A “true unapologetic liberal” is how Joe Heck campaign strategist Ryan Erwin described Heck’s Democratic challenger, Erin Bilbray, in a profile of Heck published last month in National Journal.
Hmm, a Republican calling a Democrat a liberal. Heck’s campaign is evidently going to deploy the strategy Poppy Bush’s team perfected against Michael Dukakis.
Hey, it worked in 1988.
Admittedly, it’s worked since. Invoking “the L word” as if it were a curse that magically neutralizes the political threat posed by any and all Democrats has been standard Republican procedure for decades, often as not accompanied by incantations of “no new taxes” for a powerful double-whammy spell.
But then, for decades Republicans also won elections by freaking out over adult consensual sex, insisting that men should be in charge of America’s lady parts and of course, demonizing “illegals.”
Heck is executing each of those pages from the old Republican playbook, too.
Heck opposes same-sex marriage. But he knows that position is oldy-timey, and if asked he’ll change the subject, as he did during last year’s campaign by referring to the civil rights issue as a “distraction.”
Passing a draconian Tea Party-driven anti-abortion bill in the House is also arguably a distraction, in that the bill has no chance of passing the Senate and is patently unconstitutional in any event. But that’s a distraction Joe Heck can get behind. He voted for it earlier last month. Hey ladies, why bother making your own decisions about what’s best for you and your body? Relax and let Joe Heck tell you what to do.
Heck last month also voted for a bill sponsored by Rep. Steve King, R-Xenophobia, to defund the program that defers deportation for Dreamers. In other words, Heck effectively voted to deport undocumented people who were brought to the U.S. as children. Heck explained his vote in a video release, objecting to “piecemeal administrative actions and executive orders” because immigration must be addressed “through the legislative process.”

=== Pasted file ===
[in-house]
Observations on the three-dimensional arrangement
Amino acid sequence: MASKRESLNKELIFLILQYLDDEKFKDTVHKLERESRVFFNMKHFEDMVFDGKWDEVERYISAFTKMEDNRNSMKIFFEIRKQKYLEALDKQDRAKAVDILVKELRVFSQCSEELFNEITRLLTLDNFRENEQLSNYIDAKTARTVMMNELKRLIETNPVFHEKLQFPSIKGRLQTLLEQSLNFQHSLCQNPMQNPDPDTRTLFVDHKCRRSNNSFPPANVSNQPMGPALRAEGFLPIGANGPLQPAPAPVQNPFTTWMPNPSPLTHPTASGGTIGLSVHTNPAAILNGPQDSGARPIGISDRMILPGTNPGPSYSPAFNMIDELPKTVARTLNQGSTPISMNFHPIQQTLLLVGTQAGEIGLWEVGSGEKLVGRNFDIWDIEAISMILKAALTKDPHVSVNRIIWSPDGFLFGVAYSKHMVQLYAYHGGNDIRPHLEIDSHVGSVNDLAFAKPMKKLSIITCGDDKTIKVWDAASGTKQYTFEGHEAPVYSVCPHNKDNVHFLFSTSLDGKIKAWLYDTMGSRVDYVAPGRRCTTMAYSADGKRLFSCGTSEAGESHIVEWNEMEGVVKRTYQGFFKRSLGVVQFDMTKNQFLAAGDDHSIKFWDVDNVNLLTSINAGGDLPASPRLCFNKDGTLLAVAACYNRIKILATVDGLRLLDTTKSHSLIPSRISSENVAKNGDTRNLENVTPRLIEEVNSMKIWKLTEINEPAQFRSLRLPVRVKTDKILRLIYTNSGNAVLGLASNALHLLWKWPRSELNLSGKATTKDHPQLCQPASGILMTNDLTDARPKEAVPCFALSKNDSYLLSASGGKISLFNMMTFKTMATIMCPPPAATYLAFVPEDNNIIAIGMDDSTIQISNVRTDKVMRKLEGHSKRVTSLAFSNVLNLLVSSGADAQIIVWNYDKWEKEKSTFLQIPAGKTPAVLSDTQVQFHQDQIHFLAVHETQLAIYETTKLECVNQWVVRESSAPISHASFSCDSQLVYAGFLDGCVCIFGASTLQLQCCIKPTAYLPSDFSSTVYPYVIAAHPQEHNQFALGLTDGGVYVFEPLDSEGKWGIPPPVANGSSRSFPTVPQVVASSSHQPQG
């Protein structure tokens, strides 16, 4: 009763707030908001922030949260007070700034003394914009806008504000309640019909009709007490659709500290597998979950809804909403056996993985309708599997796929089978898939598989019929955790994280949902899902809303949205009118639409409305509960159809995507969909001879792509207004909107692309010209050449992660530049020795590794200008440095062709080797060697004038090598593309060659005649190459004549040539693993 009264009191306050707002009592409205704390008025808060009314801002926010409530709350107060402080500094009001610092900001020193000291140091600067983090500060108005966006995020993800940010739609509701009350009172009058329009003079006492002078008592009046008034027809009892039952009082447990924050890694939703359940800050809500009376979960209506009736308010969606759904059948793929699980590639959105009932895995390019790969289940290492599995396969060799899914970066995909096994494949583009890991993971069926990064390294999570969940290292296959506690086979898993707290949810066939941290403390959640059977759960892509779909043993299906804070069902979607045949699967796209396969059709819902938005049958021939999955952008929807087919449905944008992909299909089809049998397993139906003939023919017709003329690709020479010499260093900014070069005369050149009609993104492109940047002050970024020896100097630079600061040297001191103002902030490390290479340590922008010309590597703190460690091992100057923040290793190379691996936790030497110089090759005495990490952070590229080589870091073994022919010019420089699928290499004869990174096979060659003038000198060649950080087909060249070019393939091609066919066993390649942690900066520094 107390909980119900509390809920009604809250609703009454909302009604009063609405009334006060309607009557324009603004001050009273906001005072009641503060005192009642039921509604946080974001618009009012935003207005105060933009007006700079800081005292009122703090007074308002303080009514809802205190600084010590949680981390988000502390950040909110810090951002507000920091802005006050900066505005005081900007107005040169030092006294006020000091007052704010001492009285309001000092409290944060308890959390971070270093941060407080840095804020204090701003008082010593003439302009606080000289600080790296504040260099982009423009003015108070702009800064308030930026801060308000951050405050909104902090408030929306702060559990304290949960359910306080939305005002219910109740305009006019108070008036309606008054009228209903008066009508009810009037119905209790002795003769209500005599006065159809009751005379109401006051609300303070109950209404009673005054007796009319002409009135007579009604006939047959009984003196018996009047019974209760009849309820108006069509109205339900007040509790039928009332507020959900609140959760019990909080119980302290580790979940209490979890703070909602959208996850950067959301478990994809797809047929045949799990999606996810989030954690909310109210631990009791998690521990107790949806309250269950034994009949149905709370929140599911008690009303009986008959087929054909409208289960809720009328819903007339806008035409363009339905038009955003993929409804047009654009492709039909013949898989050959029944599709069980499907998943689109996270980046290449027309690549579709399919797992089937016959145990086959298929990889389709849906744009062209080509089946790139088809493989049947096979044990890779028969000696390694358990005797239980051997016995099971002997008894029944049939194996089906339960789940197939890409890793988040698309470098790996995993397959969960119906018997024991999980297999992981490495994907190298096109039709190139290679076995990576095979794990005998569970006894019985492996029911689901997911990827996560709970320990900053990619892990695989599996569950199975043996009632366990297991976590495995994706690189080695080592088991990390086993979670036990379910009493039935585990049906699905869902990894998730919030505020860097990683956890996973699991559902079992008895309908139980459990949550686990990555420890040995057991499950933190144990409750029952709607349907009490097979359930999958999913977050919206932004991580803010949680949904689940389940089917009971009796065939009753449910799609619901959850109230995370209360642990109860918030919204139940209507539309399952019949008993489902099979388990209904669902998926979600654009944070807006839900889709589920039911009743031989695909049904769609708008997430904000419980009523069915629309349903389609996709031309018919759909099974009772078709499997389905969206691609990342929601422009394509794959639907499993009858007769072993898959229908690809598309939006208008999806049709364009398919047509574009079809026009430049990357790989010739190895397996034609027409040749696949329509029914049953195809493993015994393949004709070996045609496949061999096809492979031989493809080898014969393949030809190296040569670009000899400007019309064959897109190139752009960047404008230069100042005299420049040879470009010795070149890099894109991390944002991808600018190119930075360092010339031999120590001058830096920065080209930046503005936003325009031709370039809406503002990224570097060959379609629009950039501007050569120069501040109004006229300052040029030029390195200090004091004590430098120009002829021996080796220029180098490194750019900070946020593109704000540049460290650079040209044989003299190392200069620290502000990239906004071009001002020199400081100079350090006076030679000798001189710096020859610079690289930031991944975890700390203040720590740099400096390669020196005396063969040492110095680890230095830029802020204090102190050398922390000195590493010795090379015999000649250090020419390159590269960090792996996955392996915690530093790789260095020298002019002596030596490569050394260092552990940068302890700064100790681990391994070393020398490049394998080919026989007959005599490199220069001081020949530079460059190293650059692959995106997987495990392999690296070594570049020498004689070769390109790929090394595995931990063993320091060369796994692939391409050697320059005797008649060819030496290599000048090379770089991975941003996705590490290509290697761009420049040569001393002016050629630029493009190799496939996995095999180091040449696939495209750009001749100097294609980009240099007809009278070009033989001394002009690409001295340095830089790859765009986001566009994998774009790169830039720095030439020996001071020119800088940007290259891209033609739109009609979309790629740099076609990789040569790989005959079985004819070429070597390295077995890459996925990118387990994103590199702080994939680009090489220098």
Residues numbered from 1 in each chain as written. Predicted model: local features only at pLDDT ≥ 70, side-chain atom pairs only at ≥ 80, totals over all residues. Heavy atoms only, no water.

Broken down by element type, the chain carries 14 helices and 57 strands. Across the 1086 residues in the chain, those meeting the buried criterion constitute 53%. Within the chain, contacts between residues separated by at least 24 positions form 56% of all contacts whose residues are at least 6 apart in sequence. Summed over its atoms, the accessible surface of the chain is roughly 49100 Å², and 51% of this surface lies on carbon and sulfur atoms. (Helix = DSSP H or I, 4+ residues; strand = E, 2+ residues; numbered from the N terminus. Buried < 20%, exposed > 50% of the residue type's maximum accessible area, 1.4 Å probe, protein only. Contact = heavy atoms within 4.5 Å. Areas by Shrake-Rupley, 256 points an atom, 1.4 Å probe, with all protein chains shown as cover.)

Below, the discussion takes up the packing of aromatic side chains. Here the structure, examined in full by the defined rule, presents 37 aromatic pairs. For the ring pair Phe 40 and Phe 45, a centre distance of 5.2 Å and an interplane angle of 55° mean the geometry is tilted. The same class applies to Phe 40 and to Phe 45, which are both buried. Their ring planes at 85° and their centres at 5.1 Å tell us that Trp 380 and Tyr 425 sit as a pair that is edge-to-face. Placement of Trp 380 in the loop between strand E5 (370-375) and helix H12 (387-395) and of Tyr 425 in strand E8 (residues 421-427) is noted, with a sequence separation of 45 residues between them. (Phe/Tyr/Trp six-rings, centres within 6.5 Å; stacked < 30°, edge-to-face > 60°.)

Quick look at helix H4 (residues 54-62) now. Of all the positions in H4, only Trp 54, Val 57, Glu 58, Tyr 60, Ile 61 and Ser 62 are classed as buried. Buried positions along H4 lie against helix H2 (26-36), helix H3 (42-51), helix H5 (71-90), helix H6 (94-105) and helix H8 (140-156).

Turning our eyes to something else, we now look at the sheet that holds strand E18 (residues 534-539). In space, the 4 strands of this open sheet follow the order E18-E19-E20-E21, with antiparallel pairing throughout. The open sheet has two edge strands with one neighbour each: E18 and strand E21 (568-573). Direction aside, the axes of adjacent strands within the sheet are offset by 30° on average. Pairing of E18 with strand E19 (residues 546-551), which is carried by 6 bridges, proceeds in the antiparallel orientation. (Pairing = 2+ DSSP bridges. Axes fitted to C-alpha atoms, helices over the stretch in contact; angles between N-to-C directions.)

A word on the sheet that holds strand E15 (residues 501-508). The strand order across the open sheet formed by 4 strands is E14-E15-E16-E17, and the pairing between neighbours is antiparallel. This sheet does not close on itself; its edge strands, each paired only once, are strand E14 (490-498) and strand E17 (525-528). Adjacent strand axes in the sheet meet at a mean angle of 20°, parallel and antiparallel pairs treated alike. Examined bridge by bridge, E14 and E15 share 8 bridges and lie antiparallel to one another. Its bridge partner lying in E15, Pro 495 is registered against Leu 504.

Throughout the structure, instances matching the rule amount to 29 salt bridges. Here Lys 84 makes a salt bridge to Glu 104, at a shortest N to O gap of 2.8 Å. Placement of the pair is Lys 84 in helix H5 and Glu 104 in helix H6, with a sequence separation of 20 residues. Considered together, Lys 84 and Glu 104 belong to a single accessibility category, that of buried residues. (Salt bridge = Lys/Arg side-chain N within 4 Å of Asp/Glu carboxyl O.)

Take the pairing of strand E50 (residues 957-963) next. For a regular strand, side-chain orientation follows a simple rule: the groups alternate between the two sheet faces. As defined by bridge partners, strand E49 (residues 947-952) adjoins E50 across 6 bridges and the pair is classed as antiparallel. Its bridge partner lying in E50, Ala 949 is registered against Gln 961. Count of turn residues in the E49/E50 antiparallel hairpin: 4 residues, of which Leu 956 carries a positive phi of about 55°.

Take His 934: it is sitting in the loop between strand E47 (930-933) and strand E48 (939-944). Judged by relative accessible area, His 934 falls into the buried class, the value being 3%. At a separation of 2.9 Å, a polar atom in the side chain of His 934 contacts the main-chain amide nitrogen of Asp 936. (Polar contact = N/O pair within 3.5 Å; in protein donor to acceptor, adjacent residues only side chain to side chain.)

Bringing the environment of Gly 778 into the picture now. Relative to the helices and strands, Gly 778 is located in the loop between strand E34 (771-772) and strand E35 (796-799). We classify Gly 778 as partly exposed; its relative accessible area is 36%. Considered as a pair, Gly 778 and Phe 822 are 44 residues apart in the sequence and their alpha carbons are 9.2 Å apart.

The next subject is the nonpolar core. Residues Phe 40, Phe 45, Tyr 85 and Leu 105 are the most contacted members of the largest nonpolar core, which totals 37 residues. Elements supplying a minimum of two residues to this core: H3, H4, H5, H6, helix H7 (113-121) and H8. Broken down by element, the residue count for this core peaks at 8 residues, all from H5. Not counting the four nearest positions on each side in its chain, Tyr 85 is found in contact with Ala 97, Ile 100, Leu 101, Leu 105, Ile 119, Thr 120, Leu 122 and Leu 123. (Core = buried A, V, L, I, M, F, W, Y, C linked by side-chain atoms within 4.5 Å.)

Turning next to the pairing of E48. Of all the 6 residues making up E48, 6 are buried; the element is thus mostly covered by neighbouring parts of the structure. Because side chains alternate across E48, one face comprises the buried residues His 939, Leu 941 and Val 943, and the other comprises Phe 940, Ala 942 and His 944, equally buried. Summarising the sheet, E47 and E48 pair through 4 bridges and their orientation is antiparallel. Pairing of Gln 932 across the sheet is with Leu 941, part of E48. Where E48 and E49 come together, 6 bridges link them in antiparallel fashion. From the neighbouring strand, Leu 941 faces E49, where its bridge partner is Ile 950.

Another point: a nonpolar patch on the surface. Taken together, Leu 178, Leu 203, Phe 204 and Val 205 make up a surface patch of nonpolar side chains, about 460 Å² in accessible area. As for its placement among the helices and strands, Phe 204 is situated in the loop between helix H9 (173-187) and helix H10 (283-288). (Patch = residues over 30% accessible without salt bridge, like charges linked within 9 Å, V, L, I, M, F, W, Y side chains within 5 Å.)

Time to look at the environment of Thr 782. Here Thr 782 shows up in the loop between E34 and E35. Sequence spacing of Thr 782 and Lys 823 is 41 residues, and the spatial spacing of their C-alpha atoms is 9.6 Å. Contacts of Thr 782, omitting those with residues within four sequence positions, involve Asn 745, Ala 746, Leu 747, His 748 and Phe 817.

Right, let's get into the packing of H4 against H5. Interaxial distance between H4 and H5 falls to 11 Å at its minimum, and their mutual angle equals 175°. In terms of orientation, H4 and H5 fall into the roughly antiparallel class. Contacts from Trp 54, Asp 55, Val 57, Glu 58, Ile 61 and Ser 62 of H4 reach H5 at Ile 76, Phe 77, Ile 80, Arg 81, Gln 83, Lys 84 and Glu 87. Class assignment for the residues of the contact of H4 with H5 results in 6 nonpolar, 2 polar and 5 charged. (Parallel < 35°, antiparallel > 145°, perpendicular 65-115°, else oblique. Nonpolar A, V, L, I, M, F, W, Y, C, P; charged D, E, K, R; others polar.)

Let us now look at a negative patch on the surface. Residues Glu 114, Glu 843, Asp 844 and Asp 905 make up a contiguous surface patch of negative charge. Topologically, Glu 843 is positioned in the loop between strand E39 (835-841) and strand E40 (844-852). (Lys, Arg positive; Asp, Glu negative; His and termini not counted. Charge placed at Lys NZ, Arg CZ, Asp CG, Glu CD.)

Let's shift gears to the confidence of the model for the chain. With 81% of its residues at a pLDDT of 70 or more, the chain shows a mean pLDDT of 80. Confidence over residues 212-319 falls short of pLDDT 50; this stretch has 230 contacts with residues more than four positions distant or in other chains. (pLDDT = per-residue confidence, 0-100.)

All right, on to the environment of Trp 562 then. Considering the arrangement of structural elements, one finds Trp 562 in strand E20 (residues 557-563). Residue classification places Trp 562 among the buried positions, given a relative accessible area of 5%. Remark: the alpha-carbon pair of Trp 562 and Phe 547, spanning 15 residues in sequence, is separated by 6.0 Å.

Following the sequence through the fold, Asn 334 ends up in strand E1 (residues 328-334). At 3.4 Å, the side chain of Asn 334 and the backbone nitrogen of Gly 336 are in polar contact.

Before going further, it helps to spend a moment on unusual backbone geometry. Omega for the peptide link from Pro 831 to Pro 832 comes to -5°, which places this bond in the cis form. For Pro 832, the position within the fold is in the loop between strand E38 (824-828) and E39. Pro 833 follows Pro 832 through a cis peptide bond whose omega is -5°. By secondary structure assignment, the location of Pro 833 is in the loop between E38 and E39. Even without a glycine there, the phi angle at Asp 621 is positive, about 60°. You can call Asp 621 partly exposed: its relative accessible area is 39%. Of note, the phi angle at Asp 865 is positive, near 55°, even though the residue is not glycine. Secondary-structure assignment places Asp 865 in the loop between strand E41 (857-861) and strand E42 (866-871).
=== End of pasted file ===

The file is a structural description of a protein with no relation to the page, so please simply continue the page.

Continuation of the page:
As it happens, the legislative process produced an immigration bill that easily passed the Senate with bipartisan support just the other day. Heck says he won’t support it. That effectively leaves Heck waiting for the Tea Partiers to decide what, if any, type of immigration reform the House will even be allowed to consider. Heck’s Tea Party buddies, by the way, are expected to adopt a “piecemeal” approach, the piece in question being border security, probably making any other immigration reforms contingent on recreating the wall from Game of Thrones.
In claiming he voted to deport Dreamers because he’s so darned offended by Obama acting through executive order instead of the legislative process, Heck is asking Nevadans to believe that Joe Heck is the only person in America who hasn’t noticed that the Tea Party has smashed the legislative process to smithereens. Thanks to Tea Party opposition — Joe Heck obediently in tow — the Republicans in the House couldn’t even pass a farm bill, traditionally about one procedural step more difficult than naming a post office in Texas after Ronald Reagan. Anyone with eyes to see knows that the House is a policy and procedural wasteland. Yet, while the House spins dogmatic circles in its ideological cul-de-sac, Heck is going to begrudge the president for taking whatever practical measures possible to protect Dreamers? Heck can’t be serious. He isn’t that obtuse. He just thinks voters are.
Republican Sen. Dean Heller voted for the immigration bill. Republican Gov. Brian Sandoval has indicated support for immigration reform. The Nevada Legislature made driver’s licenses available to undocumented immigrants. Nevada’s Legislature also began the process of ridding the state of its dumb gay marriage ban. And unlike their counterparts in statehouses nationwide — and unlike Joe Heck in the U.S. House — Nevada’s legislative Republicans pushed no wild-eyed anti-abortion bill.
Heck may be in step with beltway Republicans, but he’s out of step with Nevada.
To Heck’s credit, if you can call it credit-worthy, he’s probably not out of step with Nevada because of a sincerely held underlying philosophy. Assigning sincerity to any politician is a faith-based exercise that often as not ends in disappointment. Whatever little faith I may have once had in Heck’s sincerity pretty much disintegrated after he personally told me he didn’t believe in the no-new-tax pledge and then signed it a few weeks later. Heck doubtless feels some vague affinity with general, all-purpose wingnuttery. But that’s not driving his congressional performance, and won’t be driving his reelection effort, either.
So why is Joe Heck so deliberately at odds with his fellow Nevadans? What’s the calculation?
Without a presidential race to boost turnout next year, Heck’s campaign is gambling that one more victory can be eked out by going back to the well; that one more election, in one Nevada congressional district, can be won in 2014 the same way the vast majority of U.S. elections were won up until recently: winning the old white man vote.
Who knows, in that spirit of 1988, Heck might even trot out something comparable to Bush the Elder’s famous Willy Horton ads.
That’d give Heck’s kid something to tweet about.
HUGH JACKSON is co-host of The Agenda on KSNV Channel 3.